I haven't read it in 20 or 30 years either, but as I recall the "horseman"
is nothing to do with the Mounties. He's a fellow Jewish Montrealer the
protagonist has turned into a romanticized hero in his imagination.
On Mon, Mar 9, 2009 at 11:45 AM, gsp.schoo@MOT.com <
> Yes Sandra, I read it back in the olden days of the 70s, which explains
> I guess my fading memory. But the snippets that have come back to me suggest
> that the protagonist fantasized himself as a white-knight Mountie, a symbol
> perhaps of the integration of St. Urban's ghettoized Jews into mainstream
> Canadian society. Of course this memory might itself be a flashback from my
> drug-addled 60s, if only I'd inhaled, but if it is correct then it is my
> first memory of "horseman" being used in reference to the Mounties. Are
> there any other old timers out there with their wits about them still who
> can verify or dispute this?
> MrT: "Watch out, here come the horsemen!" sounds more like the cavalry in a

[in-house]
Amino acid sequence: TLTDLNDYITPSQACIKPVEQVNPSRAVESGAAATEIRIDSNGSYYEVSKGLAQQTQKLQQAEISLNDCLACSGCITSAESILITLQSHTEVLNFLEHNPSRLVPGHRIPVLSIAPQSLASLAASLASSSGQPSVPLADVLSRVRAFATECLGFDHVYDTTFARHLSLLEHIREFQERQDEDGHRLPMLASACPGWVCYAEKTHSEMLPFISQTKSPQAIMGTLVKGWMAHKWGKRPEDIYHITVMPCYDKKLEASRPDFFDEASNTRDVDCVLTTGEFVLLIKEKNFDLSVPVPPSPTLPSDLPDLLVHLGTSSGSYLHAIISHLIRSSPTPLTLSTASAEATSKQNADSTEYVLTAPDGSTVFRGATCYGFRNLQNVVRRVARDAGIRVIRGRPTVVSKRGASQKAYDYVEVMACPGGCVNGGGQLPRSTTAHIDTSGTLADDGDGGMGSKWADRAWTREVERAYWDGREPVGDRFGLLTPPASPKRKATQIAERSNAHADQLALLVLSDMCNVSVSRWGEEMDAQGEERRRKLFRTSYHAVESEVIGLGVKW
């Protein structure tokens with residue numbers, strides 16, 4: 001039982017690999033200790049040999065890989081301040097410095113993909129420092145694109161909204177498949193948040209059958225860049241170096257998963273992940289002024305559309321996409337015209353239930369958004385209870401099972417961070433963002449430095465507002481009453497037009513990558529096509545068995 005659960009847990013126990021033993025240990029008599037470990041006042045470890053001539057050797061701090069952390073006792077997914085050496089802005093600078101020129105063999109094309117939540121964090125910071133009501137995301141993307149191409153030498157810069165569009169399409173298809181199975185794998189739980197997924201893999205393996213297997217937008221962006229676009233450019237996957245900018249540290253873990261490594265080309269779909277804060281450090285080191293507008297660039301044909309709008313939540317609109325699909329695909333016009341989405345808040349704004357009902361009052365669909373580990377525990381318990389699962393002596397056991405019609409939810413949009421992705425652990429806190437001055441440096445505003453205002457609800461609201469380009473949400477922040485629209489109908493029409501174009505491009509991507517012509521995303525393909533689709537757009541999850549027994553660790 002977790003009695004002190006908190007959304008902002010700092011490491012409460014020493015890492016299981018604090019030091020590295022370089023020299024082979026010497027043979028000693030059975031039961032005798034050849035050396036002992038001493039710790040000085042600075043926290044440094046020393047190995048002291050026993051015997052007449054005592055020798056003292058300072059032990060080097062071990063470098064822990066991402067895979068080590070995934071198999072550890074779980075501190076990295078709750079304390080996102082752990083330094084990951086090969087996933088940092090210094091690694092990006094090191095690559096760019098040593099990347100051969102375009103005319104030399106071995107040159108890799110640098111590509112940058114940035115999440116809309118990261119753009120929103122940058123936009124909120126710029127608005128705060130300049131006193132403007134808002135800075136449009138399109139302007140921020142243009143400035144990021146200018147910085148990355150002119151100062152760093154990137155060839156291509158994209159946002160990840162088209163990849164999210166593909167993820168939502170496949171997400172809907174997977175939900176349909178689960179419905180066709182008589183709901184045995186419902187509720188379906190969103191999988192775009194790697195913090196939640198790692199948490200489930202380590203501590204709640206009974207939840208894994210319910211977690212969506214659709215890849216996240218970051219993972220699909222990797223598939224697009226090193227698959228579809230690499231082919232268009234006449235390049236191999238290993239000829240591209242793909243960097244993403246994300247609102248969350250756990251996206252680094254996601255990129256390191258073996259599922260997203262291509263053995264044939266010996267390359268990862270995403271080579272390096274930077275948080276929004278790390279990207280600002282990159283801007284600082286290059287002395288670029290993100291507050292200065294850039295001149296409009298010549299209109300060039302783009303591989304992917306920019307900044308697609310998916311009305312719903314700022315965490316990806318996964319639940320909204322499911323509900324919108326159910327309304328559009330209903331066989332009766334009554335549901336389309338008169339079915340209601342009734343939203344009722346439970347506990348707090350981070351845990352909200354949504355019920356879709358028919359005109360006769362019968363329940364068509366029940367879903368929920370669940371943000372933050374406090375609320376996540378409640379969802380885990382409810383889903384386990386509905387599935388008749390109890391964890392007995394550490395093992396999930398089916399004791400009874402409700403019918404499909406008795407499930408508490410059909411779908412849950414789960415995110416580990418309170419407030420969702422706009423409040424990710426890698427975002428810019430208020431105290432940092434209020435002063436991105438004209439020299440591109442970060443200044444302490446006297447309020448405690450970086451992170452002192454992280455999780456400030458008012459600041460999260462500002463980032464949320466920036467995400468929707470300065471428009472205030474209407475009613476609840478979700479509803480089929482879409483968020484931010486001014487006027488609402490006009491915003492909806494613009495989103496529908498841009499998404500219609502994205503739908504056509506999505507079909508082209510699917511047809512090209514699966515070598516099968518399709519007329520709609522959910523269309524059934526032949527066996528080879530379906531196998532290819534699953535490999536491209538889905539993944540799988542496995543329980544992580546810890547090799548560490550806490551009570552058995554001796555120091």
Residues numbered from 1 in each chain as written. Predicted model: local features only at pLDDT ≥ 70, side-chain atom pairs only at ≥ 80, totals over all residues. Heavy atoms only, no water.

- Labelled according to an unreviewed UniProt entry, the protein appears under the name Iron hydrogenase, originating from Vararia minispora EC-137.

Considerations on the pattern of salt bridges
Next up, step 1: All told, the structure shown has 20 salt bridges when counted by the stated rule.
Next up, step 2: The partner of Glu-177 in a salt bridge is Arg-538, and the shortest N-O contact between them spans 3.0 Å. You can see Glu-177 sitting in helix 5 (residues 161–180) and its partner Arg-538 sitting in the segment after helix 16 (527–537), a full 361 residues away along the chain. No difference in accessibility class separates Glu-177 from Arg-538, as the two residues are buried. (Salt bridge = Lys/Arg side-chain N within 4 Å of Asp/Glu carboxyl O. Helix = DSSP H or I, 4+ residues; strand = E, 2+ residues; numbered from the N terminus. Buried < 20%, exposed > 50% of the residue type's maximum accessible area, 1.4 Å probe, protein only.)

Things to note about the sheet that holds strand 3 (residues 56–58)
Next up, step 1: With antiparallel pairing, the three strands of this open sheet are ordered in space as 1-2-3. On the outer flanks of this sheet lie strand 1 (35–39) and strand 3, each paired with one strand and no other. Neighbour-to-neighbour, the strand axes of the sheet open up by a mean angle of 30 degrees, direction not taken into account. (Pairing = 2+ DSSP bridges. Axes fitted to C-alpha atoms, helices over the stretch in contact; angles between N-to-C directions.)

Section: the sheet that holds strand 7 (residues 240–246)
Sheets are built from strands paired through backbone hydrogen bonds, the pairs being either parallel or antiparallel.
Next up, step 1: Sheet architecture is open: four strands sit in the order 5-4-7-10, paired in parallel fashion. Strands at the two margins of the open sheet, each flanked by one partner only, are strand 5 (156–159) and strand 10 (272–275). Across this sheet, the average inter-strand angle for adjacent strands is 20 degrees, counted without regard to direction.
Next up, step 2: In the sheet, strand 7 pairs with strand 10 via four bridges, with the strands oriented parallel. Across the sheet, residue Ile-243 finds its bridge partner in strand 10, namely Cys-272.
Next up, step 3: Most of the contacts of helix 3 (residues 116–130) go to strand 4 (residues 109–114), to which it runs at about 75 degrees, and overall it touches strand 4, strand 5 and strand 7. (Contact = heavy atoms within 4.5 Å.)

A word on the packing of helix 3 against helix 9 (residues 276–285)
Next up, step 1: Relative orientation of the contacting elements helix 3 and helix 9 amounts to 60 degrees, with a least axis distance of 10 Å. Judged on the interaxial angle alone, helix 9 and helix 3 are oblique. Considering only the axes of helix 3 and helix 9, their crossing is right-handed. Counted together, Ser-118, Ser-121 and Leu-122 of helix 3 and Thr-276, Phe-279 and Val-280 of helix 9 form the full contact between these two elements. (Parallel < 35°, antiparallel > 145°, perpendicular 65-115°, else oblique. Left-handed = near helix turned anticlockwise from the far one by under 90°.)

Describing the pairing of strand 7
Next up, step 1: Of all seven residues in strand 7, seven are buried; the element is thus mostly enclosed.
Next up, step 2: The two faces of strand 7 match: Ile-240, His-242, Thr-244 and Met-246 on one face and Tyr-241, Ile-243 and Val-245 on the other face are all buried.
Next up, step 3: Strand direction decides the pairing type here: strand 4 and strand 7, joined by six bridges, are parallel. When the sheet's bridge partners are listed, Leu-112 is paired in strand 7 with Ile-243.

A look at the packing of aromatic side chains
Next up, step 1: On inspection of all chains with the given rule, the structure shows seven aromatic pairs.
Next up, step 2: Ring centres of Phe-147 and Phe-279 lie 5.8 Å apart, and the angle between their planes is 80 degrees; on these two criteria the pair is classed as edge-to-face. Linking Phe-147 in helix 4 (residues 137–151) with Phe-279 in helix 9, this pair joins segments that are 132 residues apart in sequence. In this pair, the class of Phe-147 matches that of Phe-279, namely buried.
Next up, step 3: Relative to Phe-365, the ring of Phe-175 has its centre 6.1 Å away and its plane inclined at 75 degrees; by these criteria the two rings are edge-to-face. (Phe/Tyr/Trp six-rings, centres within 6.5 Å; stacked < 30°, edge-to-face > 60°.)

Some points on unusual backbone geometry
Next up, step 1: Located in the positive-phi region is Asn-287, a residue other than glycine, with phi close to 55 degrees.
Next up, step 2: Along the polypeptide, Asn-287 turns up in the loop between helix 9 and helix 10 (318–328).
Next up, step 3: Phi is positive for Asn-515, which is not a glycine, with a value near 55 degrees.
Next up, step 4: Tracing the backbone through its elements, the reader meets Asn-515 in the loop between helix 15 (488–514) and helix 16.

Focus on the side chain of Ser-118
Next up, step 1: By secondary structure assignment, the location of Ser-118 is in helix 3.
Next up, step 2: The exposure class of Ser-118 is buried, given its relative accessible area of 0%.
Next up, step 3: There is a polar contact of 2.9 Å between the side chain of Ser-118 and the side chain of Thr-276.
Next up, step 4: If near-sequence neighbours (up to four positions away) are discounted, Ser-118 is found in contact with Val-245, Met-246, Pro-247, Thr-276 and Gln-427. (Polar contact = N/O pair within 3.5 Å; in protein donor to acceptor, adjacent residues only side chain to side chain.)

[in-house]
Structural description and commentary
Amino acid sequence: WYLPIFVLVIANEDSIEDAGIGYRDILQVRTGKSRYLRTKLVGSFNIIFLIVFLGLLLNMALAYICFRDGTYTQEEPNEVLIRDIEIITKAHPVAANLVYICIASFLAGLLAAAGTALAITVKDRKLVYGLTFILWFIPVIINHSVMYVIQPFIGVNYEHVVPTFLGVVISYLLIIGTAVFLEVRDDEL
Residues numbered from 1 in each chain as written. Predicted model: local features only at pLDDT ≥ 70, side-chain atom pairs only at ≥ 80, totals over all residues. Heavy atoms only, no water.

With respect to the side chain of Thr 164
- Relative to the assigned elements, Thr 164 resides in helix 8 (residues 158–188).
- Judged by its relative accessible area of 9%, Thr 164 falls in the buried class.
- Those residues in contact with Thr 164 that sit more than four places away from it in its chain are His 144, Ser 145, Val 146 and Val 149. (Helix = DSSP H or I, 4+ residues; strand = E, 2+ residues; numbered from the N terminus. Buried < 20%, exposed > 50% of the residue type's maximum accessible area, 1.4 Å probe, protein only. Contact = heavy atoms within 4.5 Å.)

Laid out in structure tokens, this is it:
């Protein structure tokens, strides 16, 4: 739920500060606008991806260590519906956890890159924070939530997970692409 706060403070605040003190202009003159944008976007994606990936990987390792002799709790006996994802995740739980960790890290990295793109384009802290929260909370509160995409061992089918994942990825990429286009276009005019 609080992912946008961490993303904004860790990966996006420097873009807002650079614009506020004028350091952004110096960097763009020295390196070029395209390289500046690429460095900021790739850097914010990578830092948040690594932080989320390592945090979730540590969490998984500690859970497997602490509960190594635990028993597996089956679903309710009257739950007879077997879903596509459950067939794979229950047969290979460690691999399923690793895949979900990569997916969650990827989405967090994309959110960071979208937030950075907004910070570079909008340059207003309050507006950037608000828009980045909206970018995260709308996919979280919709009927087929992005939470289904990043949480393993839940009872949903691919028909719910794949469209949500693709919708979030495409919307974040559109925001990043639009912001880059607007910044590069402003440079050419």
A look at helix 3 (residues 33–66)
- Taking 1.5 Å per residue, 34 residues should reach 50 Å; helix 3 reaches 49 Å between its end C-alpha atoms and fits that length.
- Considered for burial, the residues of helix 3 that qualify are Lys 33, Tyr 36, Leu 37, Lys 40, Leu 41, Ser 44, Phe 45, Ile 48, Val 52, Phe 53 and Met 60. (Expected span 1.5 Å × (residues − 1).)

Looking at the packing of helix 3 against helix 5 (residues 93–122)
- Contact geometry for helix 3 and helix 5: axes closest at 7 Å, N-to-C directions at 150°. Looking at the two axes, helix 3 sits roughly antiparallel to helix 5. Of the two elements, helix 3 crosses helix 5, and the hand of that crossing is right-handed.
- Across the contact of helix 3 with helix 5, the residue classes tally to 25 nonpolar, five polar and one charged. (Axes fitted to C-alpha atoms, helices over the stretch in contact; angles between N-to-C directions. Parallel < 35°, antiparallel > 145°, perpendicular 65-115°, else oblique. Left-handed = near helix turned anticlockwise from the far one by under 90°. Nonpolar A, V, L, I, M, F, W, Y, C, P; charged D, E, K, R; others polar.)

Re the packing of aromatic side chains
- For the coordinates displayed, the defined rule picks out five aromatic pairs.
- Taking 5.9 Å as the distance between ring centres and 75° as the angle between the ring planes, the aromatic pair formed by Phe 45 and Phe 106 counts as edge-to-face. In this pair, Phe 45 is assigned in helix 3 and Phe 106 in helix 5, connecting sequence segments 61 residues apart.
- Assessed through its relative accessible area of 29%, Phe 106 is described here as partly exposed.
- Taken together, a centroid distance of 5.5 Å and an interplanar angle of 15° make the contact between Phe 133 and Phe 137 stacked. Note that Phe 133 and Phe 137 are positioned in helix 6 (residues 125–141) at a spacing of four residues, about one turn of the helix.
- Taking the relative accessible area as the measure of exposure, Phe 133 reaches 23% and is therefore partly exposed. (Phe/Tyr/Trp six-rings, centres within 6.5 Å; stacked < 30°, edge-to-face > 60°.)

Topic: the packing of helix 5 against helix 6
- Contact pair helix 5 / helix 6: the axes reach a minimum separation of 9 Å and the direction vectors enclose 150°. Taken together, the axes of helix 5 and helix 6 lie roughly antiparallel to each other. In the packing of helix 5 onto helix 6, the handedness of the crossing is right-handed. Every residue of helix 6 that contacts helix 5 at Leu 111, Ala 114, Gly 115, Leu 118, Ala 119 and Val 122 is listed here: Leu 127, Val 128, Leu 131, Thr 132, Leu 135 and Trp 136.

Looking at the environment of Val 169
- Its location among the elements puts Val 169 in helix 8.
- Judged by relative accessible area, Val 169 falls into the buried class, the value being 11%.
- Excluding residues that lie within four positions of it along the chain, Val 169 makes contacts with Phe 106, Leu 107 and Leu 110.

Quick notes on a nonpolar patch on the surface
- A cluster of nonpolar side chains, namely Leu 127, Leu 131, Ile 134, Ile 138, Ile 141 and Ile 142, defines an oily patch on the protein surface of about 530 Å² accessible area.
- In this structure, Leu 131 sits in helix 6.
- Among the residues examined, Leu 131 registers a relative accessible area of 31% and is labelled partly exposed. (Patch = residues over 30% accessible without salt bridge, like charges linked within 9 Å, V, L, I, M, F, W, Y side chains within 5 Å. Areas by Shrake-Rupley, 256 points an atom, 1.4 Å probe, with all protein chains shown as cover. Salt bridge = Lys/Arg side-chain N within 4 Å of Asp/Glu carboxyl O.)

> John Wayne western than something anyone would say about the Mounties.
> ----- Original Message -----
> From: jacquesdebierue
> To: firstname.lastname@example.org <rara-avis-l%40yahoogroups.com>
> Sent: Monday, March 09, 2009 1:18 AM
> Subject: RARA-AVIS: Re: The Horsemen
> --- In email@example.com <rara-avis-l%40yahoogroups.com>, Sandra
> Ruttan <sandraruttan@...> wrote:
> > Wow - no idea. I'd have to track that down again. But if it is a
> > reference, it validates the idea of it being an outdated term, as I
> > think that was originally out in the early 70s, wasn't it?
> There's a certain poetry to it... Watch out, here come the horsemen!
> [Non-text portions of this message have been removed]
[Non-text portions of this message have been removed]
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